VSync fixes this problem but it causes input lag. You're waiting on the monitor to be ready to update. Even if the refresh rate of the monitor is 144, your GPU might be ready to post a frame a millisecond after the monitor refreshed, but now you have to wait for the next refresh for that frame to be seen (or your input to be recognized as it happened).

GSync/FreeSync reverse that locked synchronization. The GPU sends the frame and that's when the monitor refreshes. There are some little tidbits of information regarding adaptive sync, to where you want to cap your fps to 3 below the monitor's refresh rate capability because even if you're getting 500fps, the monitor can only refresh as fast as its hardware supports. I can't remember why though. Adapative sync does add input lag as well btw, but's exceptionally low (1-5ms) and it's worth not having your screen tearing/stuttering.
 
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Last edited by Validuz; 01-13-2021 at 15:39..
jerry
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126 - 01-13-2021, 15:45
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Quote:
Originally Posted by Validuz View Post
4K scales perfectly to 1080p because it's just 4 1080p screens together, so 4 pixels become 1.

On 1440p to 1080p, there is no direct scaling, which means it definitely blurs a bit. You can possibly address this by turning up the sharpness of the monitor, but that means whenever you're playing a game, you'd probably turn up the sharpness and turn it down when you're not in game.

p.s. No ****ing way I'd ever play any game without GSYNC/FreeSync on the monitor btw, amRam. Also, some monitors that have FreeSync will now support nVidia GSYNC. Different certifications, etc., but at least if you ever change the GPU from nVidia to AMD or vice versa, the monitor still works for the adaptive sync tech.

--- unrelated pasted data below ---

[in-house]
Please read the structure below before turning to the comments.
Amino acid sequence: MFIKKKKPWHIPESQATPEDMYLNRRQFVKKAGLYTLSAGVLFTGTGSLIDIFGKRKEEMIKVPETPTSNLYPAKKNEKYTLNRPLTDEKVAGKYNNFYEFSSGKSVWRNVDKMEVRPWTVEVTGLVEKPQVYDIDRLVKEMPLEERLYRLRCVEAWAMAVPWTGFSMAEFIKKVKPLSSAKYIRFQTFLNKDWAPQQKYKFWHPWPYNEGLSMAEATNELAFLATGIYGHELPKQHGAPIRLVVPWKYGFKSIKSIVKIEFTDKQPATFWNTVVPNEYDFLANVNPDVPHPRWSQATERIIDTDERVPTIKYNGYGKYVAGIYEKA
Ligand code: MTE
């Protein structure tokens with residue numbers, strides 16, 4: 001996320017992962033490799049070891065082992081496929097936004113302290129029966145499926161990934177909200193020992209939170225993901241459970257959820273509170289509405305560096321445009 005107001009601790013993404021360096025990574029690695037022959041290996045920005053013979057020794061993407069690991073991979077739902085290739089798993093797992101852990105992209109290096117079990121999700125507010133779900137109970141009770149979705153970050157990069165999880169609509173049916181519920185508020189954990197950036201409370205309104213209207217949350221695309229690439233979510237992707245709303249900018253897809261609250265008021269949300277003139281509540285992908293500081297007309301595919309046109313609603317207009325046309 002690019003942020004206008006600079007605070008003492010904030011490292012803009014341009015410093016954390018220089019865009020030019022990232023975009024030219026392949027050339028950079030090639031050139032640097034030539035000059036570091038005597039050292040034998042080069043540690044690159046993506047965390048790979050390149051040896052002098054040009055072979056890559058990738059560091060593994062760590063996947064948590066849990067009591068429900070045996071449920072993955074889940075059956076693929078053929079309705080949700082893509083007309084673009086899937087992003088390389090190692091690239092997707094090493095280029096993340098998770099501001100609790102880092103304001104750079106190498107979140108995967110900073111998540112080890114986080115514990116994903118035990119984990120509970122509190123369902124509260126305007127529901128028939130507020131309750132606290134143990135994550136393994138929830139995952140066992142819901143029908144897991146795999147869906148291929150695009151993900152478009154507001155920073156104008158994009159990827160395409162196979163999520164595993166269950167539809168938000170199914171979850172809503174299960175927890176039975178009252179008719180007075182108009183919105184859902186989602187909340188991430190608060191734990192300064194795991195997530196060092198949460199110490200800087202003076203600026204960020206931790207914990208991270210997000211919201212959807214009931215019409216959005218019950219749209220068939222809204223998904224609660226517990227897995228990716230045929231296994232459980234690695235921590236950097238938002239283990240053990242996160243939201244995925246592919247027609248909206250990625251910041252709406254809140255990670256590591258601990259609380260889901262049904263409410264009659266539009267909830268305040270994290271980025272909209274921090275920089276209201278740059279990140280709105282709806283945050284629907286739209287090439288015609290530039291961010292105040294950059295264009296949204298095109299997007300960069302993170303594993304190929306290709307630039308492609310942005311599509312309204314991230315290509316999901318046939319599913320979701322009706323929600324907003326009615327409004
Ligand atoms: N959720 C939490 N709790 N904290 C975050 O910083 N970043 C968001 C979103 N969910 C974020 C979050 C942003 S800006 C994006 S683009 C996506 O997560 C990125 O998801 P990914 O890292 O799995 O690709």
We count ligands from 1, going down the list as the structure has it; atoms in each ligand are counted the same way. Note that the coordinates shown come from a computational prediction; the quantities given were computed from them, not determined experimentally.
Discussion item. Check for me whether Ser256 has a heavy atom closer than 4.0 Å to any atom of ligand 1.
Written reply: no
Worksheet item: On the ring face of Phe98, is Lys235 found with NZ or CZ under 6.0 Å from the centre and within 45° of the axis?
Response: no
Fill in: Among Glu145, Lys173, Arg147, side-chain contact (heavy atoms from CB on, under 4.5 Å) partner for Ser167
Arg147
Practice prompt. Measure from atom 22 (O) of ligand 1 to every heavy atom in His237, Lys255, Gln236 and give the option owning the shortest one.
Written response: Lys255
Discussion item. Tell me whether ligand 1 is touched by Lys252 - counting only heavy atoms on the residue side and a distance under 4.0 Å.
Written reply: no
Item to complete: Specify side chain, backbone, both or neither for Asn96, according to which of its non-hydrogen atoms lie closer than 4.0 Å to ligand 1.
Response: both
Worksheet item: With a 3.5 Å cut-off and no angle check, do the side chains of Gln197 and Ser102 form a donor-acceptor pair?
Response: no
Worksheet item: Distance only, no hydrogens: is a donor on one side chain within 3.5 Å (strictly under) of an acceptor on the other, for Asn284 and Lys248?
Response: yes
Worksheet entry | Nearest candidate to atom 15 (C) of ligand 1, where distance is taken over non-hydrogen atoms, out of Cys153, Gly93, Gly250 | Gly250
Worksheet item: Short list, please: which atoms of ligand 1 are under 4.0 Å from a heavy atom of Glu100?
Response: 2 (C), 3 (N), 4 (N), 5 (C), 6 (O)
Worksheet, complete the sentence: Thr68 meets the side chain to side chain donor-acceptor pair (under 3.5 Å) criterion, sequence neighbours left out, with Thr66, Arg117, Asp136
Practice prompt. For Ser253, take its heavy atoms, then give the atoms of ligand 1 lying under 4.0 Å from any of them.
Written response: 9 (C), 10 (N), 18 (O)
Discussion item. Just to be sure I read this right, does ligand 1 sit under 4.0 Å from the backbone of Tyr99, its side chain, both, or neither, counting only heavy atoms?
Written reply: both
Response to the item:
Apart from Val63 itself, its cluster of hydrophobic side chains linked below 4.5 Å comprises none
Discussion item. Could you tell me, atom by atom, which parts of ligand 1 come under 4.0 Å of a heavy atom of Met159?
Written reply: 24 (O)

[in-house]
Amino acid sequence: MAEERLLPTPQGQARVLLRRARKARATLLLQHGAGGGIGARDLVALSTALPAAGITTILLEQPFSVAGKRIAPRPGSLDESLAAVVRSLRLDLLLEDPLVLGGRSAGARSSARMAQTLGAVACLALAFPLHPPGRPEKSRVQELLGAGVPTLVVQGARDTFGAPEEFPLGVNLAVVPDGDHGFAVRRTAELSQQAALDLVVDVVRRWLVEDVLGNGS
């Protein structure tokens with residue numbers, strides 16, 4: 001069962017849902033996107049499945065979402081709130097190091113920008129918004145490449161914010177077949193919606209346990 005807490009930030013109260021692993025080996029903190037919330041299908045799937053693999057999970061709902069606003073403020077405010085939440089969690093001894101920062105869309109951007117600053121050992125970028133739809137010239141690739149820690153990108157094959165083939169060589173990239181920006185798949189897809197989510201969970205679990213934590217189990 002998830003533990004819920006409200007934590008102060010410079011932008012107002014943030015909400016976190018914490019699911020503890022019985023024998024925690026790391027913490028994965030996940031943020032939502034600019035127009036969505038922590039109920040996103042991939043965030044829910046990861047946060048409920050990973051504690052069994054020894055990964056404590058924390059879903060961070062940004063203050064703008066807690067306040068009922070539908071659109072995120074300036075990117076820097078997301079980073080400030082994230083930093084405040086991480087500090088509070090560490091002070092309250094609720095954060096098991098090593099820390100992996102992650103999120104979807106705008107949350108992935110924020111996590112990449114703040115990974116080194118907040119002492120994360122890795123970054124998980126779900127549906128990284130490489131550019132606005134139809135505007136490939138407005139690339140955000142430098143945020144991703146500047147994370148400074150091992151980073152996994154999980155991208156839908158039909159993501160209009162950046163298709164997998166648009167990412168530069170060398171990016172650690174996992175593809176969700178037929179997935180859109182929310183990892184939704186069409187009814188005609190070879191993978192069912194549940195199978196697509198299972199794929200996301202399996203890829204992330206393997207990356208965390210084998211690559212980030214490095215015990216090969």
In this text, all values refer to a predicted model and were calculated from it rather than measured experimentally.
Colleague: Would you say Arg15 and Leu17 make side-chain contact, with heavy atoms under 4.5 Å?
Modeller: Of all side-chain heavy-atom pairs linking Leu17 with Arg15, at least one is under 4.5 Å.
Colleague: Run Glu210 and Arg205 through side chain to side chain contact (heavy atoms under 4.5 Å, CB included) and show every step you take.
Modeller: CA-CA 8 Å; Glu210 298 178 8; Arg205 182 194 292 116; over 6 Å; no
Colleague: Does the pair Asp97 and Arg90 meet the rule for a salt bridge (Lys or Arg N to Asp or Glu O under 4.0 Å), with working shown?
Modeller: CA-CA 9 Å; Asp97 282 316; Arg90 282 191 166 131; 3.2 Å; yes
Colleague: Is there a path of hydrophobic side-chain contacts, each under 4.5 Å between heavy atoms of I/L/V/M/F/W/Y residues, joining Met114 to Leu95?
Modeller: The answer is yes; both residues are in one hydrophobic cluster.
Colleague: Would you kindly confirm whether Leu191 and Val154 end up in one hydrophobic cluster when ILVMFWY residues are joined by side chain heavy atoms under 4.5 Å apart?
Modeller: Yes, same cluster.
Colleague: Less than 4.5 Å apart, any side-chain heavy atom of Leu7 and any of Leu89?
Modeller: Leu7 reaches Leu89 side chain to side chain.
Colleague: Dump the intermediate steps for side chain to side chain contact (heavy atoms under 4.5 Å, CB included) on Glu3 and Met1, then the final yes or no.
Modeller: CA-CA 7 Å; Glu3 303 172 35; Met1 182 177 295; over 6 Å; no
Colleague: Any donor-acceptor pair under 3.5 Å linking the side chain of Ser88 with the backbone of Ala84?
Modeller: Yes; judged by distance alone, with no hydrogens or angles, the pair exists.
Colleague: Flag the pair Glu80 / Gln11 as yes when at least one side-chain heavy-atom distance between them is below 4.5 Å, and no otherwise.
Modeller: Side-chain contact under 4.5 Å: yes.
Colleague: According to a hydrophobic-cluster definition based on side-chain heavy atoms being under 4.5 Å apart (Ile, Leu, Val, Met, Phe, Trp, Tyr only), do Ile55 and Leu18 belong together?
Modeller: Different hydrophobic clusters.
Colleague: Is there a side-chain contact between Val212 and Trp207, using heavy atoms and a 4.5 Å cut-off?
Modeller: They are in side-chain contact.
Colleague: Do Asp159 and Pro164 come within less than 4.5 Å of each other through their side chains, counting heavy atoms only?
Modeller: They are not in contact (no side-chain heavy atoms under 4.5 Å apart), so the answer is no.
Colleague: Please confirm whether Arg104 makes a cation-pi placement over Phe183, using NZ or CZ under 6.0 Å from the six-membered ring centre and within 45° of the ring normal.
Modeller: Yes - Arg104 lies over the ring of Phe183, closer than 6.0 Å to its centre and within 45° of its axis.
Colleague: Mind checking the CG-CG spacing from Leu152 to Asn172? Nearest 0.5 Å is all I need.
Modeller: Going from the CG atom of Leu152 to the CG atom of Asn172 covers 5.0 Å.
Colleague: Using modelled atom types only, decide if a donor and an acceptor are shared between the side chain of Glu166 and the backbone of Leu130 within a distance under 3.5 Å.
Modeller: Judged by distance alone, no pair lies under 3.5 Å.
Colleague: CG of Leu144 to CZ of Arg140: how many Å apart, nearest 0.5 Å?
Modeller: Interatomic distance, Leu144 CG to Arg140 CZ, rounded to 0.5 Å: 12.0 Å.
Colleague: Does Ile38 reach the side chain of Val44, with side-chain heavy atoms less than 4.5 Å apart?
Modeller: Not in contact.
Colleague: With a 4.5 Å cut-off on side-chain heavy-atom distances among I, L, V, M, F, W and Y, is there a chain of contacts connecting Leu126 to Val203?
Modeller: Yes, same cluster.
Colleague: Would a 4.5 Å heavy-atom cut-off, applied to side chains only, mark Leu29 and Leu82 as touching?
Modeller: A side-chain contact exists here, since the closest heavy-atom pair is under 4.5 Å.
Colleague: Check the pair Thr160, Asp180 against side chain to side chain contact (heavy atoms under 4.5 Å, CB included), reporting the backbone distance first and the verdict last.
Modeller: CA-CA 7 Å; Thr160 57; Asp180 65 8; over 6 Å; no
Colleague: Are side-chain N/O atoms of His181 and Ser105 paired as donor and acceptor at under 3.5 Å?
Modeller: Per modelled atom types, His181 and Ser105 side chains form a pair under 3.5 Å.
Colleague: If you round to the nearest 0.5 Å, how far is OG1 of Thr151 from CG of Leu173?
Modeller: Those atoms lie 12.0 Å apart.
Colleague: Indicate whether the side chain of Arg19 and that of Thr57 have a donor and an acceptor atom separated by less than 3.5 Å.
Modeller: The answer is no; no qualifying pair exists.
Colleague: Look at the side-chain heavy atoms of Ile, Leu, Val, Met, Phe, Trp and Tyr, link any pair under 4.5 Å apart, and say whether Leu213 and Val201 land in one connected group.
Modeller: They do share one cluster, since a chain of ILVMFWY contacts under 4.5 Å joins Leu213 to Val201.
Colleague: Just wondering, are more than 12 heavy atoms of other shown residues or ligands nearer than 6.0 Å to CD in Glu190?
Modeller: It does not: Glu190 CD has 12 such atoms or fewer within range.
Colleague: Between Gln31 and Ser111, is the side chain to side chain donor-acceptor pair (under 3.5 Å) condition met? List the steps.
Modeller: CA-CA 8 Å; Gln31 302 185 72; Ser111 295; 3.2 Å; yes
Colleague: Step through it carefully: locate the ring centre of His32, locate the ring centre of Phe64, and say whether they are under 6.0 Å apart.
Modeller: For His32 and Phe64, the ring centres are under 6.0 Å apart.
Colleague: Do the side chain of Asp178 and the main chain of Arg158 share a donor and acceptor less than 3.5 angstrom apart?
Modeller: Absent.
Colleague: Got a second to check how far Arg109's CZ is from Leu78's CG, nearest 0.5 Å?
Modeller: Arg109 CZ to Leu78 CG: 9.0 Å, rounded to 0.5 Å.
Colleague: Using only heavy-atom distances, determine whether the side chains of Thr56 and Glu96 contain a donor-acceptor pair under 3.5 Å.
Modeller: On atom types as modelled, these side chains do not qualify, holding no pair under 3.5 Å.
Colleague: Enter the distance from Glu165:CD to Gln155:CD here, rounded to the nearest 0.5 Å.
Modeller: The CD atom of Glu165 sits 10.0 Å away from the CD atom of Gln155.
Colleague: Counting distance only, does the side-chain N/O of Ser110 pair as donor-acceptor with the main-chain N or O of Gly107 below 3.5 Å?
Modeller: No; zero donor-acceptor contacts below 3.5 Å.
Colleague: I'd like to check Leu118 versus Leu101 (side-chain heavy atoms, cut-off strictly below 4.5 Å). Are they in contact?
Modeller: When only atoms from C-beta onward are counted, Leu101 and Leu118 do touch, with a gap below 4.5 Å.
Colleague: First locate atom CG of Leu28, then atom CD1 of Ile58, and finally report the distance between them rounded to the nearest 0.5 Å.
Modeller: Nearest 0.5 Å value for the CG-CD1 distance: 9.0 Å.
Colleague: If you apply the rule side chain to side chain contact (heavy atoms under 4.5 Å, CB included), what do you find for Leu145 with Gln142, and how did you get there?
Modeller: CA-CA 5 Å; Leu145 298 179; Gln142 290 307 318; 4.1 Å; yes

480p doesn't "fit perfectly" into 1080p or 4K...
 
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Validuz
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127 - 01-13-2021, 16:00
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Originally Posted by jerry View Post
480p doesn't "fit perfectly" into 1080p or 4K...
Well there's no argument there. 480 doesn't go into 1080 or 2160 evenly, so no, it doesn't fit perfectly. This is all about native resolution, pixel density, and simple math (larger res divided by reduced res).

Let me give an example of this. Let's take two identical quality/mfg/size/dimension TVs. One is 4k and one is 1080p. If I run the same file on both that is made for 1080p, but I force the 4k one to run in 1080p, the screens will look identical. There will be no blurring. The pixels on the 4K TV fit perfect 4:1 with the 1080p. Since the size of the screens are the same, the pixel density would be the same (when downscaling from 4K). When it's not downscaling, the pixel density of the 4K TV is... 4 times higher than the 1080p screen.

If we did the same test with a 1440p TVs (assume one exists), the pixel density is higher with 1440p of course, but there is no direct pixel relation. 1080 vertical pixels won't "fit" in 1440 vertical pixels, therefore the TV is not just taking 4 pixels to represent 1 pixel from the 1080p content, it's having to interpolate them which blurs the image.

I wouldn't say that it's entirely coincidental that 1080 just happens to fit perfectly in 2160 (4K). I would imagine it made sense from a manufacturing perspective once they were able to make things smaller. It also meant properly supporting the massive amount of 1080p content out there without blurring. 8K (4320) screens also fit perfectly for this same reason. 8K running at 4K would look identical to a 4K screen as well as an 8K running 1080 compared to a 1080p. 8 pixels become 1.